The Moon Man Cometh

The Moon Man Cometh

The Moon Man Cometh

Bonnie Godas

The Texas Book Festival in Austin is a veritable literary rodeo and brings crowds every year hoping to lasso a conversation with some of the eminent authors in attendance and maybe corral a couple good books for the road. Located at the base of the State Capital Building, it is the showcase for hundreds of authors and publishers as well as a wide variety of booksellers and local companies.

One of the authors at the festival was a man that most of us are very familiar with: Edwin “Buzz” Aldrin, one of the first men to walk on the moon. His newest book, The Magnificent Desolation, a title referencing his first impression of standing on the lunar surface. Interviewed by Edwin Smith, Editor in Chief of the Texas Tribune, Mr. Aldrin spoke in front of a packed crowd at the Paramount Theater and graciously enlightened, amused and humbled those in attendance with the story of his life before, during and after walking on the moon and to celebrate the 40th anniversary of this memorable event.

Being picked as the primary crew for Apollo 11 that included Mike Collins and Neil Armstrong was not an impulsive decision from NASA. Mr. Aldrin was already a seasoned pilot, had a stellar career in the Air Force, and was a brilliant scientist who couldn’t be more prepared or thrilled that NASA picked him for the mission. It was a dream that John F. Kennedy had, to put a man on the moon, and on July 20, 1969 it finally happened. Many of us who had the privilege to see it will never forget that day.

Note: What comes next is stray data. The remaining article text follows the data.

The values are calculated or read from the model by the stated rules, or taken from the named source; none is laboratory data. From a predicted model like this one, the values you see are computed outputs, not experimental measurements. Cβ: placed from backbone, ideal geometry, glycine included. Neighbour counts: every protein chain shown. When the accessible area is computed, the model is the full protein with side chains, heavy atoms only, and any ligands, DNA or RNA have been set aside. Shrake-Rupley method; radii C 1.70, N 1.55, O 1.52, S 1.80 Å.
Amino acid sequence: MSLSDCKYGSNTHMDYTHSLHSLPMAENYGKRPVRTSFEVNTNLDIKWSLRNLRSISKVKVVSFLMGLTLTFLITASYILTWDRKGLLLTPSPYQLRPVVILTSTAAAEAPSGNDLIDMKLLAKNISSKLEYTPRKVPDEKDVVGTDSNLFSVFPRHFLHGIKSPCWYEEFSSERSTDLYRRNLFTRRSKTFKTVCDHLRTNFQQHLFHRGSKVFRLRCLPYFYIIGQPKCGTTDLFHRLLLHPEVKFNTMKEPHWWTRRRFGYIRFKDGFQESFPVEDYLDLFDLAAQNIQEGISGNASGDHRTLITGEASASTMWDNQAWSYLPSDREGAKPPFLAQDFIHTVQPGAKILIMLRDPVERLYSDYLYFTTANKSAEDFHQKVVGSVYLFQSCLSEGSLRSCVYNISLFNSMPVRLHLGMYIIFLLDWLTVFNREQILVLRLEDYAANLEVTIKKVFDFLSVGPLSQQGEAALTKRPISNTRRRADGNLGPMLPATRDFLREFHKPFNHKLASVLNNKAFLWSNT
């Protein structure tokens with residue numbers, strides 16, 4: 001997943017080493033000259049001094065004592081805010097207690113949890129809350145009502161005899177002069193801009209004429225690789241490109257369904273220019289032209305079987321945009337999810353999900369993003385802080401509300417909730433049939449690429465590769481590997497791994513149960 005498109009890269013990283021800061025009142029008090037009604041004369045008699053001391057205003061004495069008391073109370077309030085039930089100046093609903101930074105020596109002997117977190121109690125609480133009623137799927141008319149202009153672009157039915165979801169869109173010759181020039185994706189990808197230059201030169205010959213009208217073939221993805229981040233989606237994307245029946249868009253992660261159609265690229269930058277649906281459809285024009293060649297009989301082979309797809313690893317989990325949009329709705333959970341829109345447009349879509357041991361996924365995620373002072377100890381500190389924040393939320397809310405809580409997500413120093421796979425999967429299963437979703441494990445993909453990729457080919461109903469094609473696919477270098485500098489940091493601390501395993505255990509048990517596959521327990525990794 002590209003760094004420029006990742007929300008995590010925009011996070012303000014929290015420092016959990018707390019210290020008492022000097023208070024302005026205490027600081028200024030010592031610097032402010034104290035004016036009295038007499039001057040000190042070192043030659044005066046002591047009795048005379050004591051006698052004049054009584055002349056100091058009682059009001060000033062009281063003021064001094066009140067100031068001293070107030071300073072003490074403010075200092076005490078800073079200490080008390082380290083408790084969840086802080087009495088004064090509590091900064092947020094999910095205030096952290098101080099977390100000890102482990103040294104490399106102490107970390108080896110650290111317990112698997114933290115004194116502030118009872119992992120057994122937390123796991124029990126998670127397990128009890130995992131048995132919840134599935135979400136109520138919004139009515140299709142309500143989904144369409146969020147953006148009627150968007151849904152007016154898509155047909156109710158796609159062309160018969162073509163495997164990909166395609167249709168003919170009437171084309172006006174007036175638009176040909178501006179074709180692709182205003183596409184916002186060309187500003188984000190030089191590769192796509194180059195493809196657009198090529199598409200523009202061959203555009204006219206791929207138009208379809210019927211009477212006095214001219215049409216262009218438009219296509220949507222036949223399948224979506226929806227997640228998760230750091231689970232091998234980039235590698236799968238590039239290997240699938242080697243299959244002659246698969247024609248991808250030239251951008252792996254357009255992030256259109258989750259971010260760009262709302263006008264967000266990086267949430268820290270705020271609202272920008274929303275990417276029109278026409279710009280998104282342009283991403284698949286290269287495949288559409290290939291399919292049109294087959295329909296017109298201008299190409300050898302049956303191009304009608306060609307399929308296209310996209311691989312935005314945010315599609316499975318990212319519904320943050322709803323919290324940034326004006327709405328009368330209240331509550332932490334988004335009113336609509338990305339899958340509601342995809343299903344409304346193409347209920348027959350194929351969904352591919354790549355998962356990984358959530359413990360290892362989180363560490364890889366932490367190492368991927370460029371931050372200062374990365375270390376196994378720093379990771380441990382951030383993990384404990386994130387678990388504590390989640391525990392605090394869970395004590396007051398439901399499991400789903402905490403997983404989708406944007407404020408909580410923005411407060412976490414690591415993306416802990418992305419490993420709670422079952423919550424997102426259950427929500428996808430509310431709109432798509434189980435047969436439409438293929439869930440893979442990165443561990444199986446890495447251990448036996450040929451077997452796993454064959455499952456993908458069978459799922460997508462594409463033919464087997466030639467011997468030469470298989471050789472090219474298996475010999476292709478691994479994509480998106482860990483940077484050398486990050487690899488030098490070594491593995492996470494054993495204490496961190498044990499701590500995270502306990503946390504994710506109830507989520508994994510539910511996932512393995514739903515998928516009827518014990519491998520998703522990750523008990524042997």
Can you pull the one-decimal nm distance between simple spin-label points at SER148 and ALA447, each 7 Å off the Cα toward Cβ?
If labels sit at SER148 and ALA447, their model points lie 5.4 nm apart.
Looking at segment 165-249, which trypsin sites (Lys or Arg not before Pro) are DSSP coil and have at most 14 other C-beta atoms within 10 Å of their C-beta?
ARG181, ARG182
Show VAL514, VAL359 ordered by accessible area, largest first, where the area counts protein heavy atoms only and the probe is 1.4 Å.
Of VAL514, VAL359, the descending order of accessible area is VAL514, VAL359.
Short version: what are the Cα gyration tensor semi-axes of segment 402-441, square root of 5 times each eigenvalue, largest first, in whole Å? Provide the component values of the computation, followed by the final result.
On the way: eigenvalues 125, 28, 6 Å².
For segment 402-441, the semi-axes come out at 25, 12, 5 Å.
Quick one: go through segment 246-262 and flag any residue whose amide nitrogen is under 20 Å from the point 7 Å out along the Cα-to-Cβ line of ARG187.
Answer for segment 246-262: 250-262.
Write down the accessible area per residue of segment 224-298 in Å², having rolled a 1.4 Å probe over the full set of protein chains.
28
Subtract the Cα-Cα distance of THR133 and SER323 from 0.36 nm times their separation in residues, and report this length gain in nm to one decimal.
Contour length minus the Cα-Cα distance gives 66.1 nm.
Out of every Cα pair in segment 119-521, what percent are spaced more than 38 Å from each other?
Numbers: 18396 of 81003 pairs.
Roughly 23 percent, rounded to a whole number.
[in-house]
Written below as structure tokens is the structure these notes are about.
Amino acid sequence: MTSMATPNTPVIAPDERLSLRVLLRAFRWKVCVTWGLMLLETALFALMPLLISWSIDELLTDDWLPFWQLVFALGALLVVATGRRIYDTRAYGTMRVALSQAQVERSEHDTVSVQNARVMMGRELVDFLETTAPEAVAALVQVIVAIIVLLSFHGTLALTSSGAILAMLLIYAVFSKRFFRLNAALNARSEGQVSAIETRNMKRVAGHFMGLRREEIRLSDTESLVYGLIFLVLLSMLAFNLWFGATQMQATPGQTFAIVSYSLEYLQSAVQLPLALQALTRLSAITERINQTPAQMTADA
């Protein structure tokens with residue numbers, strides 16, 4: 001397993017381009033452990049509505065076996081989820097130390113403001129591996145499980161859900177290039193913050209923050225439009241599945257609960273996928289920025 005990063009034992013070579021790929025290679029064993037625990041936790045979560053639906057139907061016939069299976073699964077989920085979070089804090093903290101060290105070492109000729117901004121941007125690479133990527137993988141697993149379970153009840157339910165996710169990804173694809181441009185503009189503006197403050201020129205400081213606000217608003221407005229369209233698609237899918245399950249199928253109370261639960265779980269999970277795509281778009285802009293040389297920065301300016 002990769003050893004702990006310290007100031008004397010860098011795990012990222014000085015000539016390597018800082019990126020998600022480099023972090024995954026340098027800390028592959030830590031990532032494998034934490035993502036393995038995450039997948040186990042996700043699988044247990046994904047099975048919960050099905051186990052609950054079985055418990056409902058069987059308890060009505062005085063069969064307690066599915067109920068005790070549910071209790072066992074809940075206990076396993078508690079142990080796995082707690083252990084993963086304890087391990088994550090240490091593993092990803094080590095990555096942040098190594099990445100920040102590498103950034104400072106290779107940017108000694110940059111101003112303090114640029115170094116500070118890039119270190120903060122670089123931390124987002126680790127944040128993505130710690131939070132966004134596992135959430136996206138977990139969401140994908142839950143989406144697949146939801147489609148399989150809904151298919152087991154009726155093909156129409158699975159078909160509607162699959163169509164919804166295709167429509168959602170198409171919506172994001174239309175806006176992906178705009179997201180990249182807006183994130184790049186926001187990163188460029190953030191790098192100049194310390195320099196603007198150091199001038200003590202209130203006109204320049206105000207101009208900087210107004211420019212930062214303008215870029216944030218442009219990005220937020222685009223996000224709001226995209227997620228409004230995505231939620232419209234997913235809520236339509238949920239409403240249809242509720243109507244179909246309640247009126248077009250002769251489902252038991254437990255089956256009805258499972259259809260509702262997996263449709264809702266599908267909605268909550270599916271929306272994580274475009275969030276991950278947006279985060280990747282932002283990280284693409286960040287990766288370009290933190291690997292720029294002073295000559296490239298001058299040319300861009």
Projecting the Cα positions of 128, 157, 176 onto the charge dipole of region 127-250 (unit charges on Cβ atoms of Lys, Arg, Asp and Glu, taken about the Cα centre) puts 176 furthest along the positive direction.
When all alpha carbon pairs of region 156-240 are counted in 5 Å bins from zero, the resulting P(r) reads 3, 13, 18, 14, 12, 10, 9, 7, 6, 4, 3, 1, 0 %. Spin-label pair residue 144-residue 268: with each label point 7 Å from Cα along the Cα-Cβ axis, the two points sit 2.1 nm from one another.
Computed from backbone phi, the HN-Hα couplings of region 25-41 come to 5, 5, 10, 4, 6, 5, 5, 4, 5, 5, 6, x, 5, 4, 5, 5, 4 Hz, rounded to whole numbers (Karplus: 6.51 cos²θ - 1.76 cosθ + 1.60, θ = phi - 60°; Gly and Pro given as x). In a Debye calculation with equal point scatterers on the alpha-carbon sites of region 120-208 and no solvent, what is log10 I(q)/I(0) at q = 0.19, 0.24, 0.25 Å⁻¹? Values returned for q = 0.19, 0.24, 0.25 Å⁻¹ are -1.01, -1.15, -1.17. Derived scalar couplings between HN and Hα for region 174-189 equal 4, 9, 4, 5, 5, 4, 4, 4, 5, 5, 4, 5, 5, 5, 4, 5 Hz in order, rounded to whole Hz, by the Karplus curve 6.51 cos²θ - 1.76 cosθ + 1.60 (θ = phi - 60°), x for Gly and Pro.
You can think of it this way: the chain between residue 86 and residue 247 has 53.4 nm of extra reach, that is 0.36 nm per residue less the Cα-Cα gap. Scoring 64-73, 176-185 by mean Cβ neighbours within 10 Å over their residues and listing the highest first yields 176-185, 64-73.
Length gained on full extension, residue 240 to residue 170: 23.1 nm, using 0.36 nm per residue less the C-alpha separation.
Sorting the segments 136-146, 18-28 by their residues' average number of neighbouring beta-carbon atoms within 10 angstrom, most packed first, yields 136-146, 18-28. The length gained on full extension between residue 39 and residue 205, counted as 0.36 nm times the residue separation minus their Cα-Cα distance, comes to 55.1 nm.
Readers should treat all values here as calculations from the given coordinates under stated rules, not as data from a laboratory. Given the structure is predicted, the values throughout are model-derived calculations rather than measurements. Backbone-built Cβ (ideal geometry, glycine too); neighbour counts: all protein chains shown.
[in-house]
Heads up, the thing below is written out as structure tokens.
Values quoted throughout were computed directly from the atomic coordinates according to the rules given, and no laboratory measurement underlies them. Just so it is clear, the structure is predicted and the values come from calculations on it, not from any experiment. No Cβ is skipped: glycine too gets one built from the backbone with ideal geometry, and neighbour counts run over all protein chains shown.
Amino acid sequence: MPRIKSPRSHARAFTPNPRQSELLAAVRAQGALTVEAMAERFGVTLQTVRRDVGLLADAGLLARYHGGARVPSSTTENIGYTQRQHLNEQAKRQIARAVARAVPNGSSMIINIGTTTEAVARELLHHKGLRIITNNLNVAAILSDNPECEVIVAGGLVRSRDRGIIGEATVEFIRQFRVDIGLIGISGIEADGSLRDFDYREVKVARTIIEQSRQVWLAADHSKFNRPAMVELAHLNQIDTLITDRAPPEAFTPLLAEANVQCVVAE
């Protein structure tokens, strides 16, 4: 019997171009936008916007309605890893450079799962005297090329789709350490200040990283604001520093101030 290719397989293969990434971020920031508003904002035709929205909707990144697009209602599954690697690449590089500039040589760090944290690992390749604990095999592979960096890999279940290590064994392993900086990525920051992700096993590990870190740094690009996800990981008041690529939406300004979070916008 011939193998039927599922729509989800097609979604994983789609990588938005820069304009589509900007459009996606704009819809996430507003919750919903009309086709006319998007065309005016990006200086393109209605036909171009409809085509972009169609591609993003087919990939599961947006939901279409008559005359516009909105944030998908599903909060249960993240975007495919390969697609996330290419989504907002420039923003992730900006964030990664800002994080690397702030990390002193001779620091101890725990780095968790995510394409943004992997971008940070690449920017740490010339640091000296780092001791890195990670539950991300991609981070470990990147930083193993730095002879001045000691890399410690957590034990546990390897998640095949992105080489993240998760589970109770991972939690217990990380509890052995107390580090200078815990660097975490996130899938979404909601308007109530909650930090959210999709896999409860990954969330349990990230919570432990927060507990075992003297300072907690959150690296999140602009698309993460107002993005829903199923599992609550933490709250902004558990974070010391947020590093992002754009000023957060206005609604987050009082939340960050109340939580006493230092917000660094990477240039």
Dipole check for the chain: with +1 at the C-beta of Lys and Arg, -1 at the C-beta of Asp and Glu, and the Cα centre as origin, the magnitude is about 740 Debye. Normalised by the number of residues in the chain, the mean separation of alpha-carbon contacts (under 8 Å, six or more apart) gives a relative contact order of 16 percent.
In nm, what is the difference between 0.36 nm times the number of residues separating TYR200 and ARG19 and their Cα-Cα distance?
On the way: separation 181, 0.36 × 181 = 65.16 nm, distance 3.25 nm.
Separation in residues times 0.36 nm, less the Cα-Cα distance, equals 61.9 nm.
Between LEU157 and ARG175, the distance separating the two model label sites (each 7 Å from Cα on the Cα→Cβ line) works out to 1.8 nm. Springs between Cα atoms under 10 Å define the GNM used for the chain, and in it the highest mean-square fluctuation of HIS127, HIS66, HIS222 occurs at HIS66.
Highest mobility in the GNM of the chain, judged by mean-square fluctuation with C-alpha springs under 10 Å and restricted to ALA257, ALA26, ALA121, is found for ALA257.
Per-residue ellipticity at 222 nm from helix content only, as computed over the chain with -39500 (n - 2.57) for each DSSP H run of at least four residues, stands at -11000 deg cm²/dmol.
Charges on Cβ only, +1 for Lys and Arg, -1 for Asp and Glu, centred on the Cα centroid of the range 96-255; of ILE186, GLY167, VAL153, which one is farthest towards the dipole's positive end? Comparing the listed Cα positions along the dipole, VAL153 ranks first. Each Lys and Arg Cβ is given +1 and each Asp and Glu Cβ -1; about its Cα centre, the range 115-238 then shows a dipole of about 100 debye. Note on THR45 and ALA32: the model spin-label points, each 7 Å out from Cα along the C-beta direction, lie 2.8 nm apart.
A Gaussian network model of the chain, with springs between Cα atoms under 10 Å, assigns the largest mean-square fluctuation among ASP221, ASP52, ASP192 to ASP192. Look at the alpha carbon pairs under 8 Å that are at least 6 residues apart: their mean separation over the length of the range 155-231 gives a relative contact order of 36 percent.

In telling the story of the landing, Mr. Aldrin showed a lighter side of a his normally serious exterior, recalling an anecdote about making sure he would leave the hatch partially open so he would not lock himself out (there was no handle on the outside) and missing a step while trying to jump onto the steps of the hatch displayed. After Apollo 11, Mr. Aldrin returned to the Air Force but no longer felt a connection or reason to be there. The landing on the moon had made him the poster boy and promotional tool for NASA. As a result, Aldrin gradually went down a steep hill of severe depression and alcoholism that eventually bottomed out at lowest point in his life.

But as debilitating and difficult it was for him to combat these diseases, Mr. Aldrin came back with a vengeance and after 31 years is doing wonderful things. He is a role model for both his accomplishments in the space program and who has successfully combated his battle with alcoholism and depression. He is a big advocate of the Space program but says we need to rally for more support and government aid. He also claims that the next step should be Mars and of course as a mathematical genius Aldrin has numerically figured out as to when that will be; The Wright Brothers flew in 1903, Man Walked on the Moon in 1969 and Man will go to Mars in 2035. That’s 66 years apart.

And hopefully I’ll be around to see it.